Science fiction has been referred to as the “romance of political agency” and this is definitely a book in that mode. It’s all about political chicanery, noble skullduggery, and greed on all sides, with Leto as the one honorable man in the middle of an imperial shitstorm. Readers who are looking for something to either substitute for, whet their appetites for, or tide them over until the next movie version will probably enjoy this. There are plenty of juicy bits.

But it doesn’t live up to the original – or at least not the way that original shines so bright in my memory.

The Sunday Post AKA What’s on my (Mostly Virtual) Nightstand 11-22-20

Sunday Post

I would be remiss if I did not mention that the Black Friday Giveaway Hop, hosted by Caffeinated Reviewer and Reading Reality, starts this Friday, Black Friday, November 27. It’s not too late to sign up if you’re looking for something to post the day after Thanksgiving, and if you’re looking for a chance at a bit of holiday cheer for yourself, the hop runs through Monday, November 30. Come one, come all!

The picture below is “Old Man George”. Not that George is old, or will be for hopefully many years as he’s not quite a year old yet. But there’s something about his pose and the expression on his little face that made me think that this is what he will look like when he’s a little old man cat. He’ll still be adorable – of course he will – but the zoomies might have calmed down a bit by then. Maybe.

This is also the start of Turkey Week in the U.S., otherwise known as the Thanksgiving holiday. We did pick up our “traditional” turkey boob yesterday at the grocery store, along with just enough fixings for two people to have a little feast. Hopefully the cats won’t interfere in the preparation process TOO much! In spite of EVERYTHING, we still have a lot to be thankful for, and I hope that you do too!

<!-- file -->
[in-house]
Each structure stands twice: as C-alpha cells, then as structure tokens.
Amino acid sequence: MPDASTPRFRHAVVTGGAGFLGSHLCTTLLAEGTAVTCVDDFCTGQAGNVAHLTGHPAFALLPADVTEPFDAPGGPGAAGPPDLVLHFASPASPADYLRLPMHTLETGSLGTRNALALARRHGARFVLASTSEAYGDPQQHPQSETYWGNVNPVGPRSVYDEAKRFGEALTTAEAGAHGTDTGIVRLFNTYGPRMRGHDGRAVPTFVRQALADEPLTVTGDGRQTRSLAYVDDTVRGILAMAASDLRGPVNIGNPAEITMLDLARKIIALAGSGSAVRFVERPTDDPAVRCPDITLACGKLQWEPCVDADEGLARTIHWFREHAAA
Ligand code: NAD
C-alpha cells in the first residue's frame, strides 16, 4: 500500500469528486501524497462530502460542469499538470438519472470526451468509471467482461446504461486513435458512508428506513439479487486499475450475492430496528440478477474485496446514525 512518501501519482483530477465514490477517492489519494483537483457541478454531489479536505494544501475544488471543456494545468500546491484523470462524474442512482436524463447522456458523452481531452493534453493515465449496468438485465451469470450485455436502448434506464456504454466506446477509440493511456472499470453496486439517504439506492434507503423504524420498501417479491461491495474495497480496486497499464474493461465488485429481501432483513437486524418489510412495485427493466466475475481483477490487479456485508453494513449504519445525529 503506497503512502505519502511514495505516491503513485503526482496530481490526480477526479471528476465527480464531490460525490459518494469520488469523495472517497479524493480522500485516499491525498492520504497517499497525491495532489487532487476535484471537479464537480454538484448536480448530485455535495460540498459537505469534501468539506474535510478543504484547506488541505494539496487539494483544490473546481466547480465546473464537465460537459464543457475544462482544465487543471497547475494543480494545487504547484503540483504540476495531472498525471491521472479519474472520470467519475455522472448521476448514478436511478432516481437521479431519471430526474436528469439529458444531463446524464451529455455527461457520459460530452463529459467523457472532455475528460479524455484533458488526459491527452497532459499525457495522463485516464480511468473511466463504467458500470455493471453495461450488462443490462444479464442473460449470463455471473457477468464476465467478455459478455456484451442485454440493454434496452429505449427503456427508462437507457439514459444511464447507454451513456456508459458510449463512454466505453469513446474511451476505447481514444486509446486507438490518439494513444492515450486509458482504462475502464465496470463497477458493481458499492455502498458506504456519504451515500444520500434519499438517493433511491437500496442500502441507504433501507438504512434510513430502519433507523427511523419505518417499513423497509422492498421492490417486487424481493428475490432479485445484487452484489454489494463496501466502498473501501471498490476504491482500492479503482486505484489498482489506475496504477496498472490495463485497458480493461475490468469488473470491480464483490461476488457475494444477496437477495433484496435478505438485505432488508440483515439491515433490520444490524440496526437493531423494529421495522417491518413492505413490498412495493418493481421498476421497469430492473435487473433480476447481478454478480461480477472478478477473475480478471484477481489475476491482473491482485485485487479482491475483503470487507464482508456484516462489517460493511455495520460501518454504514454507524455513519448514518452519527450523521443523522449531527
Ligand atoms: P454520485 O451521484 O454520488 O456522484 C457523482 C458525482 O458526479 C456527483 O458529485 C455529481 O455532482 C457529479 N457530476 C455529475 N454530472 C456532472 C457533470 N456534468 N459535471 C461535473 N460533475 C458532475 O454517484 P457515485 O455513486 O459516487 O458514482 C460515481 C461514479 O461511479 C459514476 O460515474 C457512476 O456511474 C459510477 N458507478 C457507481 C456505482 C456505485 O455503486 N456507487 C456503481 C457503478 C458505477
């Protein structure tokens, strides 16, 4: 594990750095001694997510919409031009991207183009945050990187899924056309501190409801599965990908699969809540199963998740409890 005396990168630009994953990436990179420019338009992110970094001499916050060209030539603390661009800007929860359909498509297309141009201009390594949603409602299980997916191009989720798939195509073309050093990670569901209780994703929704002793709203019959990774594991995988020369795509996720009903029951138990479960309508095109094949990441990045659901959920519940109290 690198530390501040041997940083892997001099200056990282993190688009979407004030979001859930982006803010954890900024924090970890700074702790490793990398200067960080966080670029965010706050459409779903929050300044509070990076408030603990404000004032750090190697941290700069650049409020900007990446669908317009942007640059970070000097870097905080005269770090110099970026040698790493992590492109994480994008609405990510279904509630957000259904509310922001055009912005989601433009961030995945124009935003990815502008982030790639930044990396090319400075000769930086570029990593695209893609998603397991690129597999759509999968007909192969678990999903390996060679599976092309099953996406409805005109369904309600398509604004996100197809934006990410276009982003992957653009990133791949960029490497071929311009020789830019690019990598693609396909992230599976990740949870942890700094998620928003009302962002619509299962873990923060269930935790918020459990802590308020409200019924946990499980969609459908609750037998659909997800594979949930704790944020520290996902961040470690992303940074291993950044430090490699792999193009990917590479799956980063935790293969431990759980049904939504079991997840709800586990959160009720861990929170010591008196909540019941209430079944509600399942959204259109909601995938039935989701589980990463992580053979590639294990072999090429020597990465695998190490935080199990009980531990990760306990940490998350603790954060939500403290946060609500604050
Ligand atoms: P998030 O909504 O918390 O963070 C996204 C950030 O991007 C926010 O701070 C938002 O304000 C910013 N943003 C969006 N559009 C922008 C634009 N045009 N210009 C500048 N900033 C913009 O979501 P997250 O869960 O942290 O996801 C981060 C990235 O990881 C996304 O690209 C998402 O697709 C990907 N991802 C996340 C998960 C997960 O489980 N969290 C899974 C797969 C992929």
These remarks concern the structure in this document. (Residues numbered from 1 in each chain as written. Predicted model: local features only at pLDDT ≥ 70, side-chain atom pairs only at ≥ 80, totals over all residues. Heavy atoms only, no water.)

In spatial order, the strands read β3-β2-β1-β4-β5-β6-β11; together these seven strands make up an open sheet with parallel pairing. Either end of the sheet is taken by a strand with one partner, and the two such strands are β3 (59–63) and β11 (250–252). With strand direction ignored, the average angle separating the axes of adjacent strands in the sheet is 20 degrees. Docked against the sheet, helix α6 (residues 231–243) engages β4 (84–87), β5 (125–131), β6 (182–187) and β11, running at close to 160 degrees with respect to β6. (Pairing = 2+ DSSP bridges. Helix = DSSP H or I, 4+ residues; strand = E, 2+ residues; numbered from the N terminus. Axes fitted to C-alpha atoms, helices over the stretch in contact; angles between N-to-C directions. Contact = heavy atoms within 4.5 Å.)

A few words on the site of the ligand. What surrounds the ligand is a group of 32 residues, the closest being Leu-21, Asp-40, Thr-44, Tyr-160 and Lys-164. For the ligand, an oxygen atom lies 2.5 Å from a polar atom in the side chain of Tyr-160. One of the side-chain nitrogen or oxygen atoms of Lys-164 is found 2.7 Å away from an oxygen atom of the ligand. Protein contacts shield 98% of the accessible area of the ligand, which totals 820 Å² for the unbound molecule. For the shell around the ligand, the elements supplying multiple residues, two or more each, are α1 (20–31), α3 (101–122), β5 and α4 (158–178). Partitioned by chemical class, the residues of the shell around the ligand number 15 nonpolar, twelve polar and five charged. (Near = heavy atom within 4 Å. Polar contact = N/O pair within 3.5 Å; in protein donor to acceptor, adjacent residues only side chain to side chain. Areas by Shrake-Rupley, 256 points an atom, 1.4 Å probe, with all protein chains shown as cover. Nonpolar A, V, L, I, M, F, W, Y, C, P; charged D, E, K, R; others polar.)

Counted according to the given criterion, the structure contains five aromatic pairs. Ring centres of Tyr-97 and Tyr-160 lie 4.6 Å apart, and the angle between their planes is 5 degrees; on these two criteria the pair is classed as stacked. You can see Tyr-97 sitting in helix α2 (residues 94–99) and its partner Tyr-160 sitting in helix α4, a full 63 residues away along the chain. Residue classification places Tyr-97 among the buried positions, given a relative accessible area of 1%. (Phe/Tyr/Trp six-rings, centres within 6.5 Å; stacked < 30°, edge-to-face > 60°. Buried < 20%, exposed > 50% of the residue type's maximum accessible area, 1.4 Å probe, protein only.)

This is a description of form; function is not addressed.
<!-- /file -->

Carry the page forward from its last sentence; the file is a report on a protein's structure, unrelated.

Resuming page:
Please take care of you and yours, and have a safe and happy holiday!

Current Giveaways:

$10 Amazon Gift Card from Sophie Barnes and The Formidable Earl
$10 Gift Card or $10 Book in the Super Stocking Stuffer Giveaway Hop
$10 Gift Card or $10 Book in the In Everything Give Thanks Giveaway Hop
$10 Gift Card or $10 Book in the Holiday HOHOHO Giveaway Hop

Blog Recap:

In Everything Give Thanks Giveaway Hop
B+ Review: Lowcountry Boughs of Holly by Susan M. Boyer
Holiday HOHOHO Giveaway Hop
B Review: The Formidable Earl by Sophie Barnes + Giveaway
A- Review: Under a Winter Sky by Kelley Armstrong, Jeffe Kennedy, Melissa Marr, L. Penelope
Stacking the Shelves (419)

Coming This Week:

Dune: The Duke of Caladan by Brian Herbert, Kevin J. Anderson (review)
Fishing for Trouble by Elizabeth Logan (blog tour review)
Deception by Nina Croft (blog tour review)
Black Friday Giveaway Hop

Stacking the Shelves (419)

Stacking the Shelves

More books again. The TBR pile has embiggened! Some of these won’t be out until next August, but still, it seems like the holiday publishing doldrums have passed even if the holidays themselves aren’t here yet.

And there’s one book on the list that I’m already salivating over. It’s The Witness for the Dead by Katherine Addison, because it’s the sequel to the marvelously splendiferous The Goblin Emperor. Not that I didn’t adore The Angel of the Crows this year by the same author (Sarah Monette writing as Addison) but The Goblin Emperor was just so incredible that the sequel couldn’t come fast enough. And now it’s here. Well, it’s here in my TBR pile of eARCs, and it will be here for reals in June.

For Review:
Accidentally Engaged by Farah Heron
The Bitter Taste of Murder (Tuscan Mystery #2) by Camilla Trinchieri
Bound (Chinatown Demons #1) by Rhys Ford
Cash in Hand by TA Moore
The Lady Has a Past (Burning Cove #5) by Amanda Quick
Maps for the Getaway by Annie England Noblin
The Moonsteel Crown (Dominion #1) by Stephen Deas
A Rogue’s Company (Sparks & Bainbridge #3) by Allison Montclair
The Quiet Boy by Ben H. Winters
She Wouldn’t Change a Thing by Sarah Adlakha
The Siren by Katherine St. John
The Stills (Kinship #3) by Jess Montgomery
The Witness for the Dead by Katherine Addison
The Woman with the Blue Star by Pam Jenoff
The Women of Chateau Lafayette by Stephanie Dray

Purchased from Amazon/Audible:
Once Upon a Townsbridge Story (Townsbridges #0) by Sophie Barnes
A Stitch in Time (Stitch in Time #1) by Kelley Armstrong
The Wicked & the Dead (Faery Bargains #1) by Melissa Marr